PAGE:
The National Institutes of Health issued last week a request for applications for research projects focused on the development of therapeutics, including those based on siRNA, for biodefense applications.
The NIH also recently reissued requests for applications for two other funding opportunities, one focused on the use of mouse models to study joint degeneration and one exploring the relationship between Fragile X syndrome and autism and both with RNAi components.
Under the biodefense program, which is being supported by the National Institute of Allergy and Infectious Diseases, the NIH said it expects to award up to $10 million a year for up to five years to fund between 10 and 15 research projects developing therapeutics and diagnostics for biodefense category B pathogens. These pathogens include ricin toxin from Ricinus communis; Staphylococcus enterotoxin B; Listeria monocytogenes; West Nile virus; and Burkholderia pseudomallei.
"Developing biodefense therapeutics against NIAID Category B threats is a key national priority."
"The objective of this program is to support translational research and advanced product development, i.e. beyond basic research," the NIH said. "Projects may include, but not be limited to, identification of diagnostic or therapeutic targets; the adaptation of technologies or products to category B biodefense applications; optimization of products; process development, early validation and testing; preclinical evaluation; scale-up, and production of materials sufficient for preclinical regulatory requirements and clinical phase I testing or field trials."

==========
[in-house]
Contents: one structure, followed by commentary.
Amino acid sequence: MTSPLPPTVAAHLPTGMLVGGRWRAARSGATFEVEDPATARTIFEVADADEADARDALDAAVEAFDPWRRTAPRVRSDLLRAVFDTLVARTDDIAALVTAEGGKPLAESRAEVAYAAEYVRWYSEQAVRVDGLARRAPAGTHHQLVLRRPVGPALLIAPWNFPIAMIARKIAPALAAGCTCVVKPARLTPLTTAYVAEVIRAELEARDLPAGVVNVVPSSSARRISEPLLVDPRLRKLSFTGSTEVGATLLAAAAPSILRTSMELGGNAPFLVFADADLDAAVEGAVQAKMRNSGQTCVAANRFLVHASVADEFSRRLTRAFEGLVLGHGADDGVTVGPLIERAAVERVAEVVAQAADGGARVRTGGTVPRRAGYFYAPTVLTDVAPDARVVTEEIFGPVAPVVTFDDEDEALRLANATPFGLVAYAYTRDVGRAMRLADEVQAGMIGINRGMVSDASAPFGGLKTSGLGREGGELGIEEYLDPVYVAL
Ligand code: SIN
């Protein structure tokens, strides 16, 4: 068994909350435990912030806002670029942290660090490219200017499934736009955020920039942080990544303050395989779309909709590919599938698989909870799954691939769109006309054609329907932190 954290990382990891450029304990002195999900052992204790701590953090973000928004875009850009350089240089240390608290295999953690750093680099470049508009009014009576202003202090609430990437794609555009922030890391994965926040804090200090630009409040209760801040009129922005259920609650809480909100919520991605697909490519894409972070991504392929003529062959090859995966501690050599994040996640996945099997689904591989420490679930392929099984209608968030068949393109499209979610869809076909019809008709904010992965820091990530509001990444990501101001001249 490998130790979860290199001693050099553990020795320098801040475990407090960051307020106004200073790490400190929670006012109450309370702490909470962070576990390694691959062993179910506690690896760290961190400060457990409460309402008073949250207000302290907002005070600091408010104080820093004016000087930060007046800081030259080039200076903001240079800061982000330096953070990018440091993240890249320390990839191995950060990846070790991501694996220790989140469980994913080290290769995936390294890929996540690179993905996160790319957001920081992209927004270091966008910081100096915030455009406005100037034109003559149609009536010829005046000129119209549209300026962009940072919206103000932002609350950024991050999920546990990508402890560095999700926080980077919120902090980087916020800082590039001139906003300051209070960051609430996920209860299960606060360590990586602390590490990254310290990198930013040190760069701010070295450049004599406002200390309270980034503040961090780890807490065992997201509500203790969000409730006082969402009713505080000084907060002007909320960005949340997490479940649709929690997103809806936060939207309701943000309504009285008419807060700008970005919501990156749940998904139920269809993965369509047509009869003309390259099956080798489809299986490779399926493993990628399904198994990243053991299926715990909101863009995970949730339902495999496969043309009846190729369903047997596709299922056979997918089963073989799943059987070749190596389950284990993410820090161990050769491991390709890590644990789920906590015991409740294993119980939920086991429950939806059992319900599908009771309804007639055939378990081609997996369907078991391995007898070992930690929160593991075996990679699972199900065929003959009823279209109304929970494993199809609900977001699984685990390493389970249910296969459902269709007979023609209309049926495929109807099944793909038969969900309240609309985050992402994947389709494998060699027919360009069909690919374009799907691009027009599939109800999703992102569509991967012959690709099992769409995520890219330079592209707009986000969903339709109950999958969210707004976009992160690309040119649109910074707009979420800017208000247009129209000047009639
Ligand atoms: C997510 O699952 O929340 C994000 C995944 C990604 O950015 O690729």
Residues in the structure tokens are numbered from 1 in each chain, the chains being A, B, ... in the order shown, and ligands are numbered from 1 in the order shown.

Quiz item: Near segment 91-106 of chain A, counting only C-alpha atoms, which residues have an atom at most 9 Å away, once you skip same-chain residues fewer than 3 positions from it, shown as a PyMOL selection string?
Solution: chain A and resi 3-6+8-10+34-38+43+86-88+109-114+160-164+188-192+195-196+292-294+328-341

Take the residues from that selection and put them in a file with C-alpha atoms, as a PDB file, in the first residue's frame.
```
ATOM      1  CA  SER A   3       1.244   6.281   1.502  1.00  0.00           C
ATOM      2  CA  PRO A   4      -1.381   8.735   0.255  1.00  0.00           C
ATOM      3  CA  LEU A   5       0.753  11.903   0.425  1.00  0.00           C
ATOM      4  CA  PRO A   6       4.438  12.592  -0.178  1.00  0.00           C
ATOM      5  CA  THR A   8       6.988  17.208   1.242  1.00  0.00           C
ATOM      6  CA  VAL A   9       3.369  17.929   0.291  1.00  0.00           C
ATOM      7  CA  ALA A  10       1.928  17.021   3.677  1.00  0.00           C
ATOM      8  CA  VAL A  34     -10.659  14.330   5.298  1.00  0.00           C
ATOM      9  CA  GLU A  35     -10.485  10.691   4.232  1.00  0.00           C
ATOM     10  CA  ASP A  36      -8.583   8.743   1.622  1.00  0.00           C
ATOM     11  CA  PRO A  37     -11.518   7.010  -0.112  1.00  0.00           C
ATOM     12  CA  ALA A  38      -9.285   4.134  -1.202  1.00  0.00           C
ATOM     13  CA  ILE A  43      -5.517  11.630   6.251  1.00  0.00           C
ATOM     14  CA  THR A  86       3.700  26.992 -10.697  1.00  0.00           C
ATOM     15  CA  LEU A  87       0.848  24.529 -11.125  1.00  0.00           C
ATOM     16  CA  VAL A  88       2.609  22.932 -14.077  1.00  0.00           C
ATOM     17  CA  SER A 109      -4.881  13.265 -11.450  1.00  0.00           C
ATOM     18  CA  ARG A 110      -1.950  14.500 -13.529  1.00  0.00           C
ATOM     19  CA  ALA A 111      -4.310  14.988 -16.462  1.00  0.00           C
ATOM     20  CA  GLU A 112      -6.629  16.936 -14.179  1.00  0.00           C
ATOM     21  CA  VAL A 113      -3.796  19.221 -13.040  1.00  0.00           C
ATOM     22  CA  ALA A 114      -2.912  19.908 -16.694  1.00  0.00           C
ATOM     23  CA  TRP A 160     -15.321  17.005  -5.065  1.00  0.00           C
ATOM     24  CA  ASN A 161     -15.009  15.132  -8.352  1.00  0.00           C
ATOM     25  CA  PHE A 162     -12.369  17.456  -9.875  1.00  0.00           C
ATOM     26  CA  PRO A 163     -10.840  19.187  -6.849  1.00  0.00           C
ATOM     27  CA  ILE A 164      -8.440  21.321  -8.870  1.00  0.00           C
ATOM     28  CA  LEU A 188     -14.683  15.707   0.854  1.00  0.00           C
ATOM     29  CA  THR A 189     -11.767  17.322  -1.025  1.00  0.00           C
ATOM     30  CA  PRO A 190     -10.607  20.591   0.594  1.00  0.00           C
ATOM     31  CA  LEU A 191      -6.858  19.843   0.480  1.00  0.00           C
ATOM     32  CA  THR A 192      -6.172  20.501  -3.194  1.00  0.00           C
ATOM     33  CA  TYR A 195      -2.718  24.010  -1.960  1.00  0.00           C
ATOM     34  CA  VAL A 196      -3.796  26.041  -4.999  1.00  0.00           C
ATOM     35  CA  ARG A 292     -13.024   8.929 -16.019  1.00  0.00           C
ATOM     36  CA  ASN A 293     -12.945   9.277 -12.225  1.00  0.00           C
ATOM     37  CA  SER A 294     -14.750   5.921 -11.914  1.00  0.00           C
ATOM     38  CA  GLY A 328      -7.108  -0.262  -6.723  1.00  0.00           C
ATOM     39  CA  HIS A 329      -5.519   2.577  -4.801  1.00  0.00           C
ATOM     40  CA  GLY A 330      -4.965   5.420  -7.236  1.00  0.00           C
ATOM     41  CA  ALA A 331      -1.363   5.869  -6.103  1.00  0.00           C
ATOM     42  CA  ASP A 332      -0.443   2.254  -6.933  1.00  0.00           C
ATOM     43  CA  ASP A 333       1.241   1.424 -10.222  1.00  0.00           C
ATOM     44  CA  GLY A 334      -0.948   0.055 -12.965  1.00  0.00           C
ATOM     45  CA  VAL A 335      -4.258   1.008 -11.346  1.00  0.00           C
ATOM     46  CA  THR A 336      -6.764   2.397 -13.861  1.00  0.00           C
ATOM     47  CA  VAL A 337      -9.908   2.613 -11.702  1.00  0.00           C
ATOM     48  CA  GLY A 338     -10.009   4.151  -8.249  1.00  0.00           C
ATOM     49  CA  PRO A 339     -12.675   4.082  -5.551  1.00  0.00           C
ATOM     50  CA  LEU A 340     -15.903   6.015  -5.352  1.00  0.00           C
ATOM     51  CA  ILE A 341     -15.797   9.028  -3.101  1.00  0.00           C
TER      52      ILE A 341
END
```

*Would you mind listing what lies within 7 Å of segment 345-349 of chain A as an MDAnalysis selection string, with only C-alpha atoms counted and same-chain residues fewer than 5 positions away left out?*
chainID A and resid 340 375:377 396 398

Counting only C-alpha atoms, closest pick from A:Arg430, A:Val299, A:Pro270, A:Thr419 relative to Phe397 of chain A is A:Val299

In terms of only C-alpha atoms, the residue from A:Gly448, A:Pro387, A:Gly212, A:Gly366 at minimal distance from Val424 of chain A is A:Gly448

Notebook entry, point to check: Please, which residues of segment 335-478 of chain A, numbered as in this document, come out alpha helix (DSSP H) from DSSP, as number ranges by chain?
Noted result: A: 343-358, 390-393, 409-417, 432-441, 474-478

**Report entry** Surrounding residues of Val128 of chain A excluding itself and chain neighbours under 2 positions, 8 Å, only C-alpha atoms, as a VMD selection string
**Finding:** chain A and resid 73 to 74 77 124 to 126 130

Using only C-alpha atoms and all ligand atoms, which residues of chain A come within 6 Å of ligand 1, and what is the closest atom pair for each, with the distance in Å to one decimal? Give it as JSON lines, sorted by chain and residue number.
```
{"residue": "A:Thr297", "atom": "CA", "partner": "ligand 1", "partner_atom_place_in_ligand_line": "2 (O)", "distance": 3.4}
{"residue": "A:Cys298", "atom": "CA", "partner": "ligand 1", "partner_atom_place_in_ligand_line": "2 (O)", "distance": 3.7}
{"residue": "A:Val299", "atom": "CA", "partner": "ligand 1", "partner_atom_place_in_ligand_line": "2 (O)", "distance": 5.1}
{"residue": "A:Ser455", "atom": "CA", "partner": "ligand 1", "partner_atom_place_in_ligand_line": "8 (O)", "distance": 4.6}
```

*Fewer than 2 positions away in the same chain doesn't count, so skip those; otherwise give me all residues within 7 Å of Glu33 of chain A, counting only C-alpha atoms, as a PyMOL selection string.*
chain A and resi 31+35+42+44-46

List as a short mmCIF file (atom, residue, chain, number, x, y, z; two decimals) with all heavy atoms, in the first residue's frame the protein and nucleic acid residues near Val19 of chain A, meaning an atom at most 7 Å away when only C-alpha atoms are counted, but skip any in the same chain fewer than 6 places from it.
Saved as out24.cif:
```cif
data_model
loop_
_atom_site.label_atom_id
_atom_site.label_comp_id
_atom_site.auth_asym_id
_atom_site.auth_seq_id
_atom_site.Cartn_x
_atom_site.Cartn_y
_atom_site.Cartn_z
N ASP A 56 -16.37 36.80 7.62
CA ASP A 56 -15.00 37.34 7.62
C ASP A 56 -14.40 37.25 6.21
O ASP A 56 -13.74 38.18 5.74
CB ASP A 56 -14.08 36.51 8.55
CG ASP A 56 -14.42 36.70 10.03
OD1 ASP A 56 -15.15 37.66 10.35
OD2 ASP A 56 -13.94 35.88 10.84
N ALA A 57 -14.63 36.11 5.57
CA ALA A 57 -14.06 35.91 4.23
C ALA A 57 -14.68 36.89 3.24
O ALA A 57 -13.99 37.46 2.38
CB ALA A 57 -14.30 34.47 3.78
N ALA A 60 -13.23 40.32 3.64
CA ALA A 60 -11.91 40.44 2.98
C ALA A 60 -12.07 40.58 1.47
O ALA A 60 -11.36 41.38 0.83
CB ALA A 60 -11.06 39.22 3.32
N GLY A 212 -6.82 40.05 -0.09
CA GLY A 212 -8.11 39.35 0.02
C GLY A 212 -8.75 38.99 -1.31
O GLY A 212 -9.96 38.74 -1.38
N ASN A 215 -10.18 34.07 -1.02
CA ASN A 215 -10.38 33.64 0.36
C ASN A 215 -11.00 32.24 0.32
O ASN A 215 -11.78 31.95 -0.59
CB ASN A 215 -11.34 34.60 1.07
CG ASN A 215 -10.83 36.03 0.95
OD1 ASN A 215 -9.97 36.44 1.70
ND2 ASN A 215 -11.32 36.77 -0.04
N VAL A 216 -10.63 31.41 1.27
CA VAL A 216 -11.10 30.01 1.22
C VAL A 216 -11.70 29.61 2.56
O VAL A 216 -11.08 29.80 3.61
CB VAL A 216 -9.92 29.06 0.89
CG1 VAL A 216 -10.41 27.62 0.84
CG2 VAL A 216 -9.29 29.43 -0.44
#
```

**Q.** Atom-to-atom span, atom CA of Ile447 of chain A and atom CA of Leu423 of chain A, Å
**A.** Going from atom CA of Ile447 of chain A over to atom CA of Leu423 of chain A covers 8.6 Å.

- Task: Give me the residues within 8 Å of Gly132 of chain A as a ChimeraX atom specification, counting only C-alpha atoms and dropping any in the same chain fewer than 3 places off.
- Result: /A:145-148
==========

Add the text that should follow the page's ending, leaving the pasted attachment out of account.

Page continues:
The NIH added that "developing biodefense therapeutics against NIAID Category B threats is a key national priority," and that it is encouraging projects involving the preclinical development of "novel therapeutic technologies" such as siRNA.
The NIH said that since a key component of the funding opportunity is the development of partnerships, all grant recipients will be required to partner with an NIH project scientist. "In addition, cooperative applications between researchers in academia and/or industry that bring together expertise in different aspects of research and product development are strongly encouraged, but not required," the institute said.
The NIH also noted that "while clinical development strategies may be included within an overall product development plan, this [funding opportunity] will not support clinical trials." Because of this, funded research is not required to result in a final product, but the NIH said it expects "proposals to make significant progress along the preclinical research and product development pathway."
Letters of intent for this funding opportunity are due by Oct. 27, with final applications due a month later. The earliest anticipated start date for funded research is July 2007.
In the first reissued RFA, the NIH said it will provide up to $275,000 per two-year project investigating the biological mechanisms underlying non-inflammatory joint degradation, or osteoarthritis, using genetically modified mouse models.